Cuddle therapy connects Alzheimer's patients with peace
Nearly 6 million people are living with Alzheimer's Disease according to the Alzheimer's Association.
It's the most common type of Dementia and by 2050, the number is expected to reach 14 million people.
A Cedar Park memory care home found a unique way to connect their patients with peace and comfort, and family members say it's making a difference.
Doris Weston's wall frames a lifetime of now-faded memories due to Alzheimer's.
"The most difficult days was early on when we had to put her in a facility, she would cry when we left," said son Robert Weston.
Two years ago, they found Poet's Walk Memory Care Home in Cedar Park and here things changed, said Robert.
"It keeps her calm and that's where she gets her peace from," said Robert.
Her hands cradle a doll used in cuddle therapy. At times, Doris smiles and fixes the baby's clothes. The mother of four and grandmother to all used to be a daycare worker.
"You see joy on their face. You see them engage in something positive," said Licensed Social Worker Kelsey Lang, Resident & Family Ambassador at Poet's Walk.
The dolls are weighted and life-like. Doris says her baby's name is Robert.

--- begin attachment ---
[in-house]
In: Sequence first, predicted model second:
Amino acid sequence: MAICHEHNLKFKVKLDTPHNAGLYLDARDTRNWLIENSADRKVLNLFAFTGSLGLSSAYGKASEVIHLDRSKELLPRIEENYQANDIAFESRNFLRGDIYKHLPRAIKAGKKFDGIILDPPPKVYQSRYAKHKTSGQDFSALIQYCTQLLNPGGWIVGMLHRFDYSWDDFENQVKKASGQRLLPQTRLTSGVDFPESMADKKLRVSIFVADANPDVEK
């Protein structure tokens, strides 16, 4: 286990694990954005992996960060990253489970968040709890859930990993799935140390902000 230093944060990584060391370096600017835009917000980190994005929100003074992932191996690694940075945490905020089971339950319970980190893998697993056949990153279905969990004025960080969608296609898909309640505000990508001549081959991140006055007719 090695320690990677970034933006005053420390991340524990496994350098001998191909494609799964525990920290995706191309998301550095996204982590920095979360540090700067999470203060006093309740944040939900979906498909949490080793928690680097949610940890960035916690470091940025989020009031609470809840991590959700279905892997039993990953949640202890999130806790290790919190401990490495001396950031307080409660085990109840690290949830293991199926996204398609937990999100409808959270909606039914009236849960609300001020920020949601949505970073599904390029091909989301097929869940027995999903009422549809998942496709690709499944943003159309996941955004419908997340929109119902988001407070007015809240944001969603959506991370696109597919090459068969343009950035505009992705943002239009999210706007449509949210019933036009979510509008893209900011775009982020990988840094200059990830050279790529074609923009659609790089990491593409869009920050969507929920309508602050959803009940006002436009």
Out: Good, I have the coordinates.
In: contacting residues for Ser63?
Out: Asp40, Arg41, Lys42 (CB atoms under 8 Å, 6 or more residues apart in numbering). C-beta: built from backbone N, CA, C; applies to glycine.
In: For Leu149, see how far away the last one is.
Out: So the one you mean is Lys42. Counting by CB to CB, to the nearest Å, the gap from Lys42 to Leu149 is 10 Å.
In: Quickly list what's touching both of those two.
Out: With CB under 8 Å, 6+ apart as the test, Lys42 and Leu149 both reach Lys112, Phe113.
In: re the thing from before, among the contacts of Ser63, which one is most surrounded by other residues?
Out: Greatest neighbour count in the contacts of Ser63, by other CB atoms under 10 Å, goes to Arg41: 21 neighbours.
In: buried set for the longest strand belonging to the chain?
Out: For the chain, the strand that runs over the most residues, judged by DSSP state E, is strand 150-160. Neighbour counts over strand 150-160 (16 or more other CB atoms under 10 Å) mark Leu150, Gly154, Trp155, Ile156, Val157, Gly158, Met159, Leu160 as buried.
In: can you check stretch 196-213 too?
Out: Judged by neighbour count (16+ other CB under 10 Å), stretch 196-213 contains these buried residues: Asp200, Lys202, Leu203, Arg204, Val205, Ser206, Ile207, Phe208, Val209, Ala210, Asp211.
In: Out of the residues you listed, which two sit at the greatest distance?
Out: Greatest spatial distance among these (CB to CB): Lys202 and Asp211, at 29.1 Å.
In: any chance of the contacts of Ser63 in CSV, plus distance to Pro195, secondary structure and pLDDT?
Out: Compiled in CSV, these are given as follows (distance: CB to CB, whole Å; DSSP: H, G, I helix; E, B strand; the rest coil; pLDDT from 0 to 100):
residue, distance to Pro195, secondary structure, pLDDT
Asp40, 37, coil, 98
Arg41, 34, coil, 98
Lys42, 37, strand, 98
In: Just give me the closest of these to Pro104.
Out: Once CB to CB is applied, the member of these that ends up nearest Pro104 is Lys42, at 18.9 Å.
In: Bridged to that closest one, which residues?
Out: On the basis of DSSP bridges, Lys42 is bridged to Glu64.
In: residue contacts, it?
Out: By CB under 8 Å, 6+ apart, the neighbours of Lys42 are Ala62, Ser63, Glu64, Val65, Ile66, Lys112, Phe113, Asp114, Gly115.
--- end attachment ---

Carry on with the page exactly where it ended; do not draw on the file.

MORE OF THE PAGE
"Me being the baby boy and having her not really knowing me, that means a lot," said Robert.
Caring for the dolls gives Dementia patients a sense of purpose, increases communication and reduces stress.
"We're all about peace and comfort in the moment," said Lang.
Lang wears her own grandmother's necklace. Her experience with dementia-care, is what inspired Lang to help others.
"I'm very passionate about bridging the gap between seeing aging as something negative or to run away from and seeing the value that our residents deserve," said Lang.
And dignity for Doris.
"She is a very strong woman. She's been what's held this family together for so long. Showed us, that family's everything," said Robert.